Buddy, the fact that nothing in this “transaction” is new is the socialist critique. The fact that this is business as usual is the problem. The fact that both Democrats and Republicans support this is very fucking bad, not evidence that it’s good and fine. Also, a weird flex to bring up Wisconsin’s appalling Foxconn giveaway, which may cost the state as much as a million fucking dollars per job. But OK!

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By criticizing conservatives and socialists in the same breath, Cuomo is trying to flatten two very different, and differently-motivated, strains of opposition to the Amazon giveaway for rhetorical purposes. By lumping in socialists, whose opposition is based on principles like “the government shouldn’t give away money to rich corporations for jobs that will go to people who already have high-paying jobs,” with the Post’s libertarian anti-tax criticism, Cuomo is clumsily lumping the good reasons for opposing the deal in with the bad.

But his defense to both seems to be mostly the same: that New York had to offer such insane incentives because other cities were doing the same. Many local elected critics “signed a letter supporting the application for the same location knowing full well it was a national competition in which states and cities were putting together incentive packages,” the governor wrote.

Indeed, Cuomo seems to admit that he thinks New York has less power than Amazon: “The only other alternative course is that we could have decided not to compete or we could have lost,” he said. You are the governor of the state of New York, the fourth most populous state in the United States, home to its largest city, the 11th largest economy in the world. You could, in fact, have said: We are not going to play this game, and we are instead going to invest this money directly in jobs, or education, or housing, or fixing the fucking subway. The fact that every other city in America debased itself to try and win over Amazon does not mean they were right or that this is a good use of money.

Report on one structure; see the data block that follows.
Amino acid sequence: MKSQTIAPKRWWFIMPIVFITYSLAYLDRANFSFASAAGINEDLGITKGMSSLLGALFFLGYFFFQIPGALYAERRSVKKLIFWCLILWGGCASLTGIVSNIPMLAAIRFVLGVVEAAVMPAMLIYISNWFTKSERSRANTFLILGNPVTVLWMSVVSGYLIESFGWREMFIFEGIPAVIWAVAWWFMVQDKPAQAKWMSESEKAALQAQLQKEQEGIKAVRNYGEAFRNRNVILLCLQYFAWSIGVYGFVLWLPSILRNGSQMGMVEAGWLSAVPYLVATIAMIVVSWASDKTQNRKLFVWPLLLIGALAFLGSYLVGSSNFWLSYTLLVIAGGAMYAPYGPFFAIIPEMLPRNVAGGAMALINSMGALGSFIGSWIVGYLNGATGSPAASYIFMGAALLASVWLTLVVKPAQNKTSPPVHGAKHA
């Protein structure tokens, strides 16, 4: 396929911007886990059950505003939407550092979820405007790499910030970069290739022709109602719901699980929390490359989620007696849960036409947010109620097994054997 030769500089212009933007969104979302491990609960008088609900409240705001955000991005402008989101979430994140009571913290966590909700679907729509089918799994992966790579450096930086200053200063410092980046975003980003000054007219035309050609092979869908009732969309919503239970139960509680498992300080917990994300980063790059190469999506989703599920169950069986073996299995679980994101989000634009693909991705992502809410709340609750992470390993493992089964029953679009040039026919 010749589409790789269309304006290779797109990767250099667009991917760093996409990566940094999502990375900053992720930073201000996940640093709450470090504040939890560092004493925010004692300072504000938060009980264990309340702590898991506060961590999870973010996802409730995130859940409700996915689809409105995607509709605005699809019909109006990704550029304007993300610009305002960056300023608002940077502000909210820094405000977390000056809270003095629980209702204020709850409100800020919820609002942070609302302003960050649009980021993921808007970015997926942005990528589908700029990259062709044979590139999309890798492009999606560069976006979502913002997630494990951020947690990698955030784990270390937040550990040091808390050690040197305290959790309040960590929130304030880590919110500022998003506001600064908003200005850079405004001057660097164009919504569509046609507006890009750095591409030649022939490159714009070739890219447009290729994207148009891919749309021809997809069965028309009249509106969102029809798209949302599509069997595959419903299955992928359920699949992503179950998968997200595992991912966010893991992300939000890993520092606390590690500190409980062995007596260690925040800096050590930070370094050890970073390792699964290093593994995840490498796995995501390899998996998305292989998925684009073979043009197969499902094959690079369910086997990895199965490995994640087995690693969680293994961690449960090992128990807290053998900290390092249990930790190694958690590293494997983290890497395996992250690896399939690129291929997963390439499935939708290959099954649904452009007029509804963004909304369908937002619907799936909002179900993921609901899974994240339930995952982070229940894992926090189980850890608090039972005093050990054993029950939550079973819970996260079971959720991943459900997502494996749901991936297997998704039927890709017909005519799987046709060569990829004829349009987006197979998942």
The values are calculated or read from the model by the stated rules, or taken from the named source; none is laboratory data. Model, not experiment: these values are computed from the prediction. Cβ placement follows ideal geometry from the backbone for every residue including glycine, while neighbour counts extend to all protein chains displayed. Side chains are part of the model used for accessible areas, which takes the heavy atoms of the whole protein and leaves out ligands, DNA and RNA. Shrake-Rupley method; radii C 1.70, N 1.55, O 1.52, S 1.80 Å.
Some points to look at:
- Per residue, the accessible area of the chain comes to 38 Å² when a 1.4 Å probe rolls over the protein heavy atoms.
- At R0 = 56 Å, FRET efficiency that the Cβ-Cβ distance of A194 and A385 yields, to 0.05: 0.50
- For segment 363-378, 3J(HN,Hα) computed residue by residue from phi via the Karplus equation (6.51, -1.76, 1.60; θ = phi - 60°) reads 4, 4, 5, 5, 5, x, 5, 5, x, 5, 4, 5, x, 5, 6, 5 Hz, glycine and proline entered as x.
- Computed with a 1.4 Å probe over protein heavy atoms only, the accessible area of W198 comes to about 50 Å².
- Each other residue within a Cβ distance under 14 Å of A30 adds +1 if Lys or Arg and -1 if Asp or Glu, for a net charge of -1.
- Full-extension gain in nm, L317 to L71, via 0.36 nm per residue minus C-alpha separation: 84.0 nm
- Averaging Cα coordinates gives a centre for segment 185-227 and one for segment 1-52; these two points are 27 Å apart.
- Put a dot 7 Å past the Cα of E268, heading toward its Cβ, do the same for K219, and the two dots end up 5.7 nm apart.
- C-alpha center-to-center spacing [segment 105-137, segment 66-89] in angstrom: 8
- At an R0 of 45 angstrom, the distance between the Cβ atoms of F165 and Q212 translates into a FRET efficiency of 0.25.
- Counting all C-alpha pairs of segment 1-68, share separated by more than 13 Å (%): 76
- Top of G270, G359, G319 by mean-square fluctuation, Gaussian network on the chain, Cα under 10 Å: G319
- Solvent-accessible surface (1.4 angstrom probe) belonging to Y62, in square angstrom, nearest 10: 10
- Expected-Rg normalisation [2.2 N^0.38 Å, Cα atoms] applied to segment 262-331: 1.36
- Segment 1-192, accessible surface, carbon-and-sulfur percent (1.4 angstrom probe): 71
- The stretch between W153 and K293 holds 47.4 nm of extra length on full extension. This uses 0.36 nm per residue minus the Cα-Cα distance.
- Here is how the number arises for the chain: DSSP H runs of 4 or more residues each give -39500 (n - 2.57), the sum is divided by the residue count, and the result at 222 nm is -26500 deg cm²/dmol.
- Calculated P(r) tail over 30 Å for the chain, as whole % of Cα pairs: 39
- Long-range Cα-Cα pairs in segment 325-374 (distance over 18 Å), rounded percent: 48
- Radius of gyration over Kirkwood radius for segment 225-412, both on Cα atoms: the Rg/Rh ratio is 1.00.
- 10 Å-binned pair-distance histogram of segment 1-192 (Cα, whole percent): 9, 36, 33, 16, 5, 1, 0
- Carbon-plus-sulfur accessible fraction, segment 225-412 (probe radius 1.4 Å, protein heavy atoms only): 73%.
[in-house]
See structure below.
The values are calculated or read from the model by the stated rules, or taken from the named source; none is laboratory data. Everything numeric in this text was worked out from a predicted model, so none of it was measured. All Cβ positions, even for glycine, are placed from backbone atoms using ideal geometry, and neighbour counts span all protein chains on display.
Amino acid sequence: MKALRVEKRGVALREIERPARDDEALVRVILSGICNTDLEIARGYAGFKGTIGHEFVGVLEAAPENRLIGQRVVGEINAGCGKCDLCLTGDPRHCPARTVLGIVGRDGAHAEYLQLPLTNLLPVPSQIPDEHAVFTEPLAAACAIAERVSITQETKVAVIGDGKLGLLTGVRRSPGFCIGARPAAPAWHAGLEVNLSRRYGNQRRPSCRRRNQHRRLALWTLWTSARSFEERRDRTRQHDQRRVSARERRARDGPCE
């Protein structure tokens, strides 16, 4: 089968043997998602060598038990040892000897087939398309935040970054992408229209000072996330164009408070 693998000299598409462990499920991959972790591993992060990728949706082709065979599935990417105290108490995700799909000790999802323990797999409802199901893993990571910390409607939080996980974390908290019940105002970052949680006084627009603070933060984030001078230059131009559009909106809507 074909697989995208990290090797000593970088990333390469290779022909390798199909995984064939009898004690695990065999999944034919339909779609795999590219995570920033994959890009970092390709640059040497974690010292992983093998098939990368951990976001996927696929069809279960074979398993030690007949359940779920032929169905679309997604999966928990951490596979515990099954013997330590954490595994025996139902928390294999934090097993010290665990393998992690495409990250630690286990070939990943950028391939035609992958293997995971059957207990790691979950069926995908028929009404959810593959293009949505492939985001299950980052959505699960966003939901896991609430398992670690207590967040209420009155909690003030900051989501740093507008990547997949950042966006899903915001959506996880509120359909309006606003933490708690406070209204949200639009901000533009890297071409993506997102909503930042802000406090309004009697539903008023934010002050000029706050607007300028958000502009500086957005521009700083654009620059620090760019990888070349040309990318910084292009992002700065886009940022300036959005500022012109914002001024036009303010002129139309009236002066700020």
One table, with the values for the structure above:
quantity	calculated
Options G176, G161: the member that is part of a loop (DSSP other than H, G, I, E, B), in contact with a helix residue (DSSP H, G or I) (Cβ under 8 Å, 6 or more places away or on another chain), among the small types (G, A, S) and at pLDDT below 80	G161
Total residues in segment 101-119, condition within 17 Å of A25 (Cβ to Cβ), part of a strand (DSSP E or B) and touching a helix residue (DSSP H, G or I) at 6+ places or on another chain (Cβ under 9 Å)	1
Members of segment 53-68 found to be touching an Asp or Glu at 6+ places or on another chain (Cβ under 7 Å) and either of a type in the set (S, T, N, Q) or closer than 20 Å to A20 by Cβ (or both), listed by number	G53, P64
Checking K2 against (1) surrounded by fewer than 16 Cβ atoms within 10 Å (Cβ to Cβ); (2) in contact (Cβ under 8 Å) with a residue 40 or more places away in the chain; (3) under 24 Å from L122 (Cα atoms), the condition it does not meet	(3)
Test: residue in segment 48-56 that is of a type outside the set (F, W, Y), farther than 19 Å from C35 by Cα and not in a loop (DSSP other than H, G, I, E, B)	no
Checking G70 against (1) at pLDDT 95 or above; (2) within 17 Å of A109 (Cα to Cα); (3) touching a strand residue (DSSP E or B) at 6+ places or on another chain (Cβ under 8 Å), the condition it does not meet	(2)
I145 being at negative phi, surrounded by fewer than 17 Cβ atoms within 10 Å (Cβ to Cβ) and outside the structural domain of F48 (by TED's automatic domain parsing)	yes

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Another weird aspect of the piece is that he criticizes the Post, the New York Times, and other unnamed “interests” for their ownership. The Post, he says, is owned by Rupert Murdoch, whose companies have “aggressively sought and received hundreds of millions in government tax incentives from New York State.” The Times, he whines, “received tens of millions in tax breaks from New York City” when it moved to its Times Square headquarters. (Both of these things are bad, though not at the same scale as the Amazon deal.) And he also notes, without really explaining what he means, that “Jeff Bezos owns the Washington Post and Amazon and is a competitor to many interests currently involved in the discussion.” Presumably, he means the Post and Times are attacking Amazon because Jeff Bezos owns the—a very Trumpian line of argument. This assumption that anyone working for the Times must be acting out a nefarious propaganda campaign on behalf of their owners is unsurprising from a man who cannot understand having principles, whose political career is so wholly defined by favor-trading and corruption. Sometimes, Andrew, people oppose things because they think they’re bad, not just because it might cost them or their friends money.

The piece was also poorly edited. At one point, he refers to “the opponents of these politician’s.” He means “politicians.” Fuck’s sake, Andrew.